I had mentioned our Quaker ancestor Thorn to my aunt and sister last weekend at the get-together in Pittsburgh, and my sister just asked for a follow-up this morning. Basically, they had mentioned genealogy, and I brought up our ancestor "Thorn" who came over to Massachusetts Bay around "1640" who had been kicked out for being a Quaker, and had helped found Flushing. "Thorn"'s many-times-great granddaughter had married the son of a damned Dutch draft-dodger in New Jersey, and they became our great-grandfather and great-grandmother Libb.
This is the Thorn family website from which I had remembered all this, it was in existence a few years back in a less-evolved form.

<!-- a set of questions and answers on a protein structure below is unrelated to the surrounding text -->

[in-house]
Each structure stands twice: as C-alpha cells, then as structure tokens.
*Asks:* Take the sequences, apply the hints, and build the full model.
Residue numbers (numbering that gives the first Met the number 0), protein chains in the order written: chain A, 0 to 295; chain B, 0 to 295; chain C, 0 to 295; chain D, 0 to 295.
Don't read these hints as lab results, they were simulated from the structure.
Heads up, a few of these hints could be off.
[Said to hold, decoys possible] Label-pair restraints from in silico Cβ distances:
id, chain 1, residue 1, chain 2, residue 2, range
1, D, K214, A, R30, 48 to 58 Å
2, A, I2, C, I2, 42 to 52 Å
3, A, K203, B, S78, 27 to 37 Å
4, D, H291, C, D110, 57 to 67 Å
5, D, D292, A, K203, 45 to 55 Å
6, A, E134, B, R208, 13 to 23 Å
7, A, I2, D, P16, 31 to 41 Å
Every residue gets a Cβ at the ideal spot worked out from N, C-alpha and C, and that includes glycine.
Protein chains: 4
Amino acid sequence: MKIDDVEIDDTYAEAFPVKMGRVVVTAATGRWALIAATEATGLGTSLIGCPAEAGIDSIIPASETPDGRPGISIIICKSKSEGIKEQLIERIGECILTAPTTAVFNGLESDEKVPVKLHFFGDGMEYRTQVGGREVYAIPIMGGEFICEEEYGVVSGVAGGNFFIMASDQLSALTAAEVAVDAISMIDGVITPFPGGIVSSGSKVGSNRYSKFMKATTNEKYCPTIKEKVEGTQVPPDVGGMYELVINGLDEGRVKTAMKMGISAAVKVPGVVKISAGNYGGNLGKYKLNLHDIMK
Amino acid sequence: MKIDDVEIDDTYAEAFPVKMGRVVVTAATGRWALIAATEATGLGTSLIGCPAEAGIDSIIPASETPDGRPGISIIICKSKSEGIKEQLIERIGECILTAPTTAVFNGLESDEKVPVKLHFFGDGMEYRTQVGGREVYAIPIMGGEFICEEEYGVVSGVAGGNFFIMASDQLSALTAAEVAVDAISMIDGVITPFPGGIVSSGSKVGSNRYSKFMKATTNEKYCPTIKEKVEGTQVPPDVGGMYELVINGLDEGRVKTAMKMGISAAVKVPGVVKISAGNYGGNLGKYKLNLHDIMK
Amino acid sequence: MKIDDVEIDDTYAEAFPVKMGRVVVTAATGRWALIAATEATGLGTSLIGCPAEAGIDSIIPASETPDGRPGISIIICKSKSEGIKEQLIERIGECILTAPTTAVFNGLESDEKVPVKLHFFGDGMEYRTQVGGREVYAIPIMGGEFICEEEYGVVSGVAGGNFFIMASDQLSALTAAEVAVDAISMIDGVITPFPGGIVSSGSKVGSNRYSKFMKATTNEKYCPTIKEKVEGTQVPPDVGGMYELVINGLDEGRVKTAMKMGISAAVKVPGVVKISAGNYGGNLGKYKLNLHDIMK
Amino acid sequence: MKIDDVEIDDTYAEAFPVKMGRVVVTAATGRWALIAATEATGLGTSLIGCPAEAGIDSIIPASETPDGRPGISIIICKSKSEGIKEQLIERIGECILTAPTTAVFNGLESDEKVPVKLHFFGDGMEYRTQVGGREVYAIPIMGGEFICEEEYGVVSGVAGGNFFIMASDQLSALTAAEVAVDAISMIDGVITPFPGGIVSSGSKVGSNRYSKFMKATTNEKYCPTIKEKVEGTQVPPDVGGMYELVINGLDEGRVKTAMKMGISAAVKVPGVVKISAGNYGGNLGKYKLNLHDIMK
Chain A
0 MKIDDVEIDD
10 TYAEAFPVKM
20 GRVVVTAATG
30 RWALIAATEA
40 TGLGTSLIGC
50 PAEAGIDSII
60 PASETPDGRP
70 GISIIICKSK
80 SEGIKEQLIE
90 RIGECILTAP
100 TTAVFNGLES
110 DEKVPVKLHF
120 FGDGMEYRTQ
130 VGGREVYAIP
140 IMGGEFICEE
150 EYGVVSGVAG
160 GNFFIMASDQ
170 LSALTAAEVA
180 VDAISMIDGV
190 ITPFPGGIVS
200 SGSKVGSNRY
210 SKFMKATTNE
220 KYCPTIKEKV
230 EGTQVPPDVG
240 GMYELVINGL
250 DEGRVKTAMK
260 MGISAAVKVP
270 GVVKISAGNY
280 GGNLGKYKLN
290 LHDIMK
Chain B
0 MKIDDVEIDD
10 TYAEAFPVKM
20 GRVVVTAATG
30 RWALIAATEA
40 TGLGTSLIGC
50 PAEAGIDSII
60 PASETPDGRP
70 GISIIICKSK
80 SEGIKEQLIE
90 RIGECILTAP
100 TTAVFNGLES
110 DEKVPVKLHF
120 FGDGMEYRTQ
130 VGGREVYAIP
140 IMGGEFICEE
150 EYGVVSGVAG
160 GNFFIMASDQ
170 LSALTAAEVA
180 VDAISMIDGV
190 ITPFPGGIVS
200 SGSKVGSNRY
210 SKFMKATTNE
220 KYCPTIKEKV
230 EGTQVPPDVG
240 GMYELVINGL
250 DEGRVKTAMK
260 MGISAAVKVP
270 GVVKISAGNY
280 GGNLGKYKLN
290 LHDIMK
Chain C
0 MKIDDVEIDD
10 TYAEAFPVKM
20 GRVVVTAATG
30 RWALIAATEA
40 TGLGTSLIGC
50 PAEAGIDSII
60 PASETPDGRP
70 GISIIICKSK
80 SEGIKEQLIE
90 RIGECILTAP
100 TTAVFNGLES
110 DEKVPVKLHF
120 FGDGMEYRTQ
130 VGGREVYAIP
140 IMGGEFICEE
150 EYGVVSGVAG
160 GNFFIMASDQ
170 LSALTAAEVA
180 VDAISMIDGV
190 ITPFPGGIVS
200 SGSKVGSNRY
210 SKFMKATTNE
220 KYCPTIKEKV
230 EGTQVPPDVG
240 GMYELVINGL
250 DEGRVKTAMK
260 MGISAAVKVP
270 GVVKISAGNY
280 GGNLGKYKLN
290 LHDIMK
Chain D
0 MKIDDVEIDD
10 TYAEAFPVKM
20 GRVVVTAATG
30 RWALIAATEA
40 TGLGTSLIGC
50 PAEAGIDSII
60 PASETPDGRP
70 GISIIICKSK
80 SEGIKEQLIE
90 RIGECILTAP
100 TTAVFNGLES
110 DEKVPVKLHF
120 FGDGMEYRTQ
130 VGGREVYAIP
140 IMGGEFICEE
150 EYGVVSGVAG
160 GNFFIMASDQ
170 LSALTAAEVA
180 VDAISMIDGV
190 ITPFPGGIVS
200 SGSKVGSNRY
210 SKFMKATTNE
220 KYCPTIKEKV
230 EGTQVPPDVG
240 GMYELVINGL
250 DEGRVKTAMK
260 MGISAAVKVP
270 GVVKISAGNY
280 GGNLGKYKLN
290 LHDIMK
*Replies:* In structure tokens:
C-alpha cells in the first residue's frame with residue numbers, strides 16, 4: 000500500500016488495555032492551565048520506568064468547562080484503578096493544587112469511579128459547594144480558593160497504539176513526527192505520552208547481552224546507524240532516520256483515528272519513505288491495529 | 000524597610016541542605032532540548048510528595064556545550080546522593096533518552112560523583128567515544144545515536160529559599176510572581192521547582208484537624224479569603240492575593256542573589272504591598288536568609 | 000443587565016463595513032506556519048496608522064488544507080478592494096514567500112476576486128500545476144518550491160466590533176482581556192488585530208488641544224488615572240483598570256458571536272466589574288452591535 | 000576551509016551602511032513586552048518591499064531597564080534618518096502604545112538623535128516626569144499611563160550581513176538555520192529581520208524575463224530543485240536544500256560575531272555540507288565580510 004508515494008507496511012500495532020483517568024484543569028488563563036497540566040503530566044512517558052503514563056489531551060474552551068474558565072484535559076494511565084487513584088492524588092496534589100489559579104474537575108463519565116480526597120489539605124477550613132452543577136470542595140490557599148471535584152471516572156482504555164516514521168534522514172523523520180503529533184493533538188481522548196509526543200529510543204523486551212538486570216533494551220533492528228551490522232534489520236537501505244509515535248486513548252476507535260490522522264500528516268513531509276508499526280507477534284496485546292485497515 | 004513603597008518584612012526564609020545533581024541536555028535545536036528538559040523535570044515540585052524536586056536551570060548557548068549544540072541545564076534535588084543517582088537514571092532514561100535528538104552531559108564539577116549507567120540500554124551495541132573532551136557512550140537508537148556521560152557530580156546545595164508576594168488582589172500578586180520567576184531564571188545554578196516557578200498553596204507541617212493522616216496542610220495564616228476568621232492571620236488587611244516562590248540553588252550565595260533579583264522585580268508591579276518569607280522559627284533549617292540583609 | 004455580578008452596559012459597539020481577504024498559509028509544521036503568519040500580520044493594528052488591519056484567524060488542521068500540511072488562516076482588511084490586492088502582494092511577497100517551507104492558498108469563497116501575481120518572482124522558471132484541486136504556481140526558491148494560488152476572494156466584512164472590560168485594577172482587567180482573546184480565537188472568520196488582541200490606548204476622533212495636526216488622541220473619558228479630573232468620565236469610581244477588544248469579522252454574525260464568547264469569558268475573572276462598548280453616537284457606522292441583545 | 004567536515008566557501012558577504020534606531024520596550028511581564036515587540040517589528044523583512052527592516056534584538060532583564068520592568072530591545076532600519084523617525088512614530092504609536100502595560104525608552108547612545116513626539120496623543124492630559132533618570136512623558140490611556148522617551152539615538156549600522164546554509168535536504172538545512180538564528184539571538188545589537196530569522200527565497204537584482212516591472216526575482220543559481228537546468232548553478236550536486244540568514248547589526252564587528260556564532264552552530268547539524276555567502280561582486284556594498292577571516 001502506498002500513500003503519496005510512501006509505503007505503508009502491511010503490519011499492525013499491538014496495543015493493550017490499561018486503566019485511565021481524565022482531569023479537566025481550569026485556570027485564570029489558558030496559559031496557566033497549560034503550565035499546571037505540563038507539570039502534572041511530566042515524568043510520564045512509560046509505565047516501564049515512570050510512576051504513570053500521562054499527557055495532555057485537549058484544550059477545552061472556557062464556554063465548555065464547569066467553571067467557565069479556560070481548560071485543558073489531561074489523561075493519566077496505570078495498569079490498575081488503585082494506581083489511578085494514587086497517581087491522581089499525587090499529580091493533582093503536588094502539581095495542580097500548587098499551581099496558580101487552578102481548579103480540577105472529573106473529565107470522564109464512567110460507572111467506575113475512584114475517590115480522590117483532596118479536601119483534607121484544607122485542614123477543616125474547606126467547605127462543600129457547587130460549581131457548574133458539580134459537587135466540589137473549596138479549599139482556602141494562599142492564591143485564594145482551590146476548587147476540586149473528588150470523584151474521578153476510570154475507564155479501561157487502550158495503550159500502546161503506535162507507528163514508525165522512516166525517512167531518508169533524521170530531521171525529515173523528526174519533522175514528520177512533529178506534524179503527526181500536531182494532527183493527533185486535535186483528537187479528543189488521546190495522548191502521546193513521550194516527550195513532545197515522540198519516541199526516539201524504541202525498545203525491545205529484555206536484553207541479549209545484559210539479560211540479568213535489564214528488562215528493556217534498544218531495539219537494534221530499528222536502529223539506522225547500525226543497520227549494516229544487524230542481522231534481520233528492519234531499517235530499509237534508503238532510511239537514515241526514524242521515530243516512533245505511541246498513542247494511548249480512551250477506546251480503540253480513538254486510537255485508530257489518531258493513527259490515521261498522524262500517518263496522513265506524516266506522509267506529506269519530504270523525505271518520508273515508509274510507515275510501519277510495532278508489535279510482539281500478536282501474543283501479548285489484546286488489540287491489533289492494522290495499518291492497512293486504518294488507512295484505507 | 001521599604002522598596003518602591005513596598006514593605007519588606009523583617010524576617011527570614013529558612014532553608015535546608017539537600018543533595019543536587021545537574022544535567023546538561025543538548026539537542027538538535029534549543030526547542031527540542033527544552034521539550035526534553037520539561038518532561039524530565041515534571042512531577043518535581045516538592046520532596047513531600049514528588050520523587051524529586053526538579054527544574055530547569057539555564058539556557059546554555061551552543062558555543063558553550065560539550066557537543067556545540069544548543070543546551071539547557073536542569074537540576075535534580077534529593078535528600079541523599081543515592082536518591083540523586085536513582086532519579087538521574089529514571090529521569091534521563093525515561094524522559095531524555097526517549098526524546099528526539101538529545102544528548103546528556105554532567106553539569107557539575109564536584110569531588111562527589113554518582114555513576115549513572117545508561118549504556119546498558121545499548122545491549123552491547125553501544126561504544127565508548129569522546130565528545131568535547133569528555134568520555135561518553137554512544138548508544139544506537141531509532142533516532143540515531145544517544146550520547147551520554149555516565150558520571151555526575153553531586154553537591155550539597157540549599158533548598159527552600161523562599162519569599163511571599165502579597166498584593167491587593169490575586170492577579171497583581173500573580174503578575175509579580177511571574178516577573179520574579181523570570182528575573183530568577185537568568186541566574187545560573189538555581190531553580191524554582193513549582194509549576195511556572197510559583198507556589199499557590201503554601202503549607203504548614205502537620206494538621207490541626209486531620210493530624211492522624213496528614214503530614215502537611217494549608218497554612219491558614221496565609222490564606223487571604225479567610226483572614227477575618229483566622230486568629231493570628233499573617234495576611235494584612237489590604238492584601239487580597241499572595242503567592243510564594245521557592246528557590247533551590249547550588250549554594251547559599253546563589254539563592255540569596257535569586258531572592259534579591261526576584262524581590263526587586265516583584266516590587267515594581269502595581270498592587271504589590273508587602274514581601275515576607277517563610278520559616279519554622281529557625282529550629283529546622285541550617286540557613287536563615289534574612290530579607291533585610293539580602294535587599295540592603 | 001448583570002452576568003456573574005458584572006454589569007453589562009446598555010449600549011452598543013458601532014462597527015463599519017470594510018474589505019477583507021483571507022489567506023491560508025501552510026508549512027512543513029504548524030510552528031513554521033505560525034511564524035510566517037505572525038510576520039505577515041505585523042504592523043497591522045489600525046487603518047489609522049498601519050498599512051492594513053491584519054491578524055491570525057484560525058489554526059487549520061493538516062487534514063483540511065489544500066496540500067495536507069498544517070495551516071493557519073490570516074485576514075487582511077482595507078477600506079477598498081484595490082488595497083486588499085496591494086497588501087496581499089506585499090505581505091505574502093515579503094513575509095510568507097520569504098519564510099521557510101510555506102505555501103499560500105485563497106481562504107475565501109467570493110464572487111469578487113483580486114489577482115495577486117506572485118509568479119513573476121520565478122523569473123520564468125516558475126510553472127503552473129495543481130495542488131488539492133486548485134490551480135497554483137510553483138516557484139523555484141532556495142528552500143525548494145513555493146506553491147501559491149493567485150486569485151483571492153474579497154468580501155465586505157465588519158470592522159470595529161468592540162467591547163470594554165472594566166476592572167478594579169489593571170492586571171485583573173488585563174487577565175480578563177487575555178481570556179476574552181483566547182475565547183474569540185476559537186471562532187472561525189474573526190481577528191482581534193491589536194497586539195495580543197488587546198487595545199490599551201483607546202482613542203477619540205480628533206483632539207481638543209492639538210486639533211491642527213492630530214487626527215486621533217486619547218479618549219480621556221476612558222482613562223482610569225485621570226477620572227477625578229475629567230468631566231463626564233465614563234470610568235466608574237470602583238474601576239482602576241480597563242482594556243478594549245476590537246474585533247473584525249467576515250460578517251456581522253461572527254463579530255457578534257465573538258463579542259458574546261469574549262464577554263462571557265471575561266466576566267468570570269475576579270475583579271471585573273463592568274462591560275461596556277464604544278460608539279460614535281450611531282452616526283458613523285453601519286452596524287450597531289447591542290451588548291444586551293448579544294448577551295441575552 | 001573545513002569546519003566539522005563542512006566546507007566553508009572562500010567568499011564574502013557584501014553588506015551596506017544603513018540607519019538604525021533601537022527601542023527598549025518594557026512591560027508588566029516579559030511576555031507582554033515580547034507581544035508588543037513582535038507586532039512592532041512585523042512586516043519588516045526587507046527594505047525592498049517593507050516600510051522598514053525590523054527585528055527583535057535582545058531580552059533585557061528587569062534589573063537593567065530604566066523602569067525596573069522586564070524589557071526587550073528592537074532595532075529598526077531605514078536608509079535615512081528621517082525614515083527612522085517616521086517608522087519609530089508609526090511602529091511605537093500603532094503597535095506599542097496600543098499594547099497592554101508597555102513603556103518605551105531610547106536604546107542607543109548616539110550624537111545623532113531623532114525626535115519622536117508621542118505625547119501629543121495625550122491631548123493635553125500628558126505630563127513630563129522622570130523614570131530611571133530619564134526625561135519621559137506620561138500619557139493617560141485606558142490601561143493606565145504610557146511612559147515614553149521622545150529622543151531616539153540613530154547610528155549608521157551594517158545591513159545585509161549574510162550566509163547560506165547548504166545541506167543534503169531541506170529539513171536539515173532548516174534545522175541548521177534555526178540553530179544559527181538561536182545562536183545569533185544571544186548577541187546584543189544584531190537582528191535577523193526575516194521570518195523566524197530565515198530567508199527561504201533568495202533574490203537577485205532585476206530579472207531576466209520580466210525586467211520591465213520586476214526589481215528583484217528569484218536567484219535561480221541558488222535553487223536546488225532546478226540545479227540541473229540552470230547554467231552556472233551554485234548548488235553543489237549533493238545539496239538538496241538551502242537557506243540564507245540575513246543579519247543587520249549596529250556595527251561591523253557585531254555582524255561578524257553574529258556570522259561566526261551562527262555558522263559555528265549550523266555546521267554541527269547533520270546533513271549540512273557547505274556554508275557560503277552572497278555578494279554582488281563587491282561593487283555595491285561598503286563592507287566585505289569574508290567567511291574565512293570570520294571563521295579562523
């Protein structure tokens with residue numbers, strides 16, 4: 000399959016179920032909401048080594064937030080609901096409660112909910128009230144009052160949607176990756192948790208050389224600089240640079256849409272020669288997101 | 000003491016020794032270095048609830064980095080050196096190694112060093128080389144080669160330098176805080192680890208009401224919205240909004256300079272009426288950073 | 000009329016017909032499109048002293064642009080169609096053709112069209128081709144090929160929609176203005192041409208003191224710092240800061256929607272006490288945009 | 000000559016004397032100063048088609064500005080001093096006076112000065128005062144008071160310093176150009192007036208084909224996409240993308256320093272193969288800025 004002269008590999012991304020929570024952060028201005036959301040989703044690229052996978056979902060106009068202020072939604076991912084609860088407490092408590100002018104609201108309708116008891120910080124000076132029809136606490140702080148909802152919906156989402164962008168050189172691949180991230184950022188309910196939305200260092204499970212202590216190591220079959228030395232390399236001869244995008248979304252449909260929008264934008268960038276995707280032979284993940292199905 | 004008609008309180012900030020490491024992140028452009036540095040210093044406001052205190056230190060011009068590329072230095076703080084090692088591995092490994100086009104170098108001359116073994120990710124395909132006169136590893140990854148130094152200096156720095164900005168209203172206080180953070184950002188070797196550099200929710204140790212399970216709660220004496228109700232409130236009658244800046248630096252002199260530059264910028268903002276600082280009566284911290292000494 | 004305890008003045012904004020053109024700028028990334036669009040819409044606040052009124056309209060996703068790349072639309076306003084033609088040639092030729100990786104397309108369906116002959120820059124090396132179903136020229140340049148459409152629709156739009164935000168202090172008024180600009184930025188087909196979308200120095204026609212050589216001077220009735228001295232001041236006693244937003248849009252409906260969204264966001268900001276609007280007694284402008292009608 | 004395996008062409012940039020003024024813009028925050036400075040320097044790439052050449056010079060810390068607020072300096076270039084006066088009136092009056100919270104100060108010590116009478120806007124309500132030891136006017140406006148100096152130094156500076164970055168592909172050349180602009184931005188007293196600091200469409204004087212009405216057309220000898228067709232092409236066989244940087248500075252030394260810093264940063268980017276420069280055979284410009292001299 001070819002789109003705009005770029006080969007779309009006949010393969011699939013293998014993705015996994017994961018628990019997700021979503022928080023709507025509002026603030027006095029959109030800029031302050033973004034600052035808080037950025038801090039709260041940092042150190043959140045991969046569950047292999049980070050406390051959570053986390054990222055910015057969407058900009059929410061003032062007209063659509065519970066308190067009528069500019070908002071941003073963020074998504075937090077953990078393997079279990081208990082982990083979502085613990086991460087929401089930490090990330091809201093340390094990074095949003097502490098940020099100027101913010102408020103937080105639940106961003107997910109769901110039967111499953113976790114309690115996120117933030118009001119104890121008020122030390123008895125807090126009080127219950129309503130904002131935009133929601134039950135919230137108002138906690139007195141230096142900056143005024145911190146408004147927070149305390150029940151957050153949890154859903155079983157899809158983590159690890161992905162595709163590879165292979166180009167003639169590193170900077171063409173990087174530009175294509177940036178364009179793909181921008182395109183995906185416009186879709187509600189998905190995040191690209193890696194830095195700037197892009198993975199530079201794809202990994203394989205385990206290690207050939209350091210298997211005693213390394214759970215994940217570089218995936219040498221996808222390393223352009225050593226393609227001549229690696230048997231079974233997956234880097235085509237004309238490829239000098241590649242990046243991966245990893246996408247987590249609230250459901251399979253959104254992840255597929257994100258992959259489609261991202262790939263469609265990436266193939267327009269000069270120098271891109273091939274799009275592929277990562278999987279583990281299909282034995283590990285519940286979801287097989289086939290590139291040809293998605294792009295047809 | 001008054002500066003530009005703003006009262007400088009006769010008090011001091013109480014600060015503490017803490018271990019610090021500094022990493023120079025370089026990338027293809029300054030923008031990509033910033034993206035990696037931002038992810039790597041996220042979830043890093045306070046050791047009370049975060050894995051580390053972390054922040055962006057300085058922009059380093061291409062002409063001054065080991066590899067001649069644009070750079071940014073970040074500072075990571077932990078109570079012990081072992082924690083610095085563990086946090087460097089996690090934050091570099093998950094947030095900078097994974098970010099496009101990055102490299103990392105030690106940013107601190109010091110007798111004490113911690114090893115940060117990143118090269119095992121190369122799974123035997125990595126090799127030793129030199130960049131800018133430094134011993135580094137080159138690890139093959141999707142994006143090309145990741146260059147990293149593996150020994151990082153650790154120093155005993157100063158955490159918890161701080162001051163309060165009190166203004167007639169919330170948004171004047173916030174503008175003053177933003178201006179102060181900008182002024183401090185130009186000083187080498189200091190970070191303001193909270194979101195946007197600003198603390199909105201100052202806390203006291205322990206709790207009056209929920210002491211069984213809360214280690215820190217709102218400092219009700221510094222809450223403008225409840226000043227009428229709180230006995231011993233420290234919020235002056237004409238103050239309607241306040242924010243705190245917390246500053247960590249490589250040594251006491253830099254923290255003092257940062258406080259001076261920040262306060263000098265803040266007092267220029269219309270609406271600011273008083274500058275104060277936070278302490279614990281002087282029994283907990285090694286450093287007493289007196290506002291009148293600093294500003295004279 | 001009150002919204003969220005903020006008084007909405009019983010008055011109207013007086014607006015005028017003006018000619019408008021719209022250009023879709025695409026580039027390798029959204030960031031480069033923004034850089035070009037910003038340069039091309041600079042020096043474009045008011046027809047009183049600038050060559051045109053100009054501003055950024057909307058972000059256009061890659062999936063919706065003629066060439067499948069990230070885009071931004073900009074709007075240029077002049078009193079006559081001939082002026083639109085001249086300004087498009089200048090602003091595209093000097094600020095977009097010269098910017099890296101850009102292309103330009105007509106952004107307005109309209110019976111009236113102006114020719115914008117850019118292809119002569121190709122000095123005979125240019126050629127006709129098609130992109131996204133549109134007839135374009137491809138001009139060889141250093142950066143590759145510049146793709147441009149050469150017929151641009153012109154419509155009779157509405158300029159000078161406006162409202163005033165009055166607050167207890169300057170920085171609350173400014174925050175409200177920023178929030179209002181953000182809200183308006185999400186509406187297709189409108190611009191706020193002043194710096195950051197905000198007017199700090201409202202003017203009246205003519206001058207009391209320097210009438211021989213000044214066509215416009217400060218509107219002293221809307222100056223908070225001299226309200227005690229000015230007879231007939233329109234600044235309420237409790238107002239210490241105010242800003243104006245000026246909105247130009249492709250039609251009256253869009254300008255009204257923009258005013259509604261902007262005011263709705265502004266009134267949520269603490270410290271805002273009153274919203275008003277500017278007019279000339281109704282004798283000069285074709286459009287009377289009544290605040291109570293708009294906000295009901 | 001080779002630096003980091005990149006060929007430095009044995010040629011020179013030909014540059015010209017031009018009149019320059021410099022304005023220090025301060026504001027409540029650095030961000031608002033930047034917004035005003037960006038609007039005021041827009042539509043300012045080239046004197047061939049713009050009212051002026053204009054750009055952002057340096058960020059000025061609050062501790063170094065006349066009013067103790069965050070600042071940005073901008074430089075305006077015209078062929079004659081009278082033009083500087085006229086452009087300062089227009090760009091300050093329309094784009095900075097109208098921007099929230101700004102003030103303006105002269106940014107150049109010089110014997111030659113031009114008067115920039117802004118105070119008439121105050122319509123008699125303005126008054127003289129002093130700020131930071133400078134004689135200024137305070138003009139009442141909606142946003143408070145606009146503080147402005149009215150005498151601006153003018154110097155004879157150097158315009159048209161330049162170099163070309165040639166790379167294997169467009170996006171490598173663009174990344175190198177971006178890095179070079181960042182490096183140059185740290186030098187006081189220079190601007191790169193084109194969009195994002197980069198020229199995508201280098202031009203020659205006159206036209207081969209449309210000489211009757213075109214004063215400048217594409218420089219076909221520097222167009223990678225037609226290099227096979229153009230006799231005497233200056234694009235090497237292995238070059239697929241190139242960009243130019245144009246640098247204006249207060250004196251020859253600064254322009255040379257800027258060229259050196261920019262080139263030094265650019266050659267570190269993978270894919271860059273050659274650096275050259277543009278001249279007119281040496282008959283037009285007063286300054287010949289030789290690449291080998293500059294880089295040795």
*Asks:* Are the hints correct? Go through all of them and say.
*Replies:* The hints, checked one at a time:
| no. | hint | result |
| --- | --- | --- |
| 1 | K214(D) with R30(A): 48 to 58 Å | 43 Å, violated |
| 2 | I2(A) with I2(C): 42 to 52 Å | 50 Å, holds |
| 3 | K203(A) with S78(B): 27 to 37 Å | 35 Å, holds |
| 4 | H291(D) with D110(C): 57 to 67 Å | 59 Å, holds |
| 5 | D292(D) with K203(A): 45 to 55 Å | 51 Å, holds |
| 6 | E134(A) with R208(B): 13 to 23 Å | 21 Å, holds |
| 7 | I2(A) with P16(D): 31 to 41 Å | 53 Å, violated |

The ancestor in question was named William Thorne. The website now says that he was an "Anabaptist", which wasn't what I remembered. Apparently Thorne was somewhat important in his day, having signed some early Bill-of-Rights precedent called "the Remonstration of Flushing", and having hidden Ann Hutchinson's son while still in Massachusetts Bay. They're now saying that Thorne came over sometime between 1635 and 1638.
We show up here with our great-grandmother Bertha Thorn Libb and great-grandfather Benjamin Libb. By the time of the 19th Century, the Thorns were definitively Quaker, regardless of the early distinctions.
For some reason, I remembered her name as "Elizabeth". Whoops. But great-grandpa Libb's first name was definitely Benjamin, and it's the right state, the right generation, and the right name, given just how rare a name "Libb" is.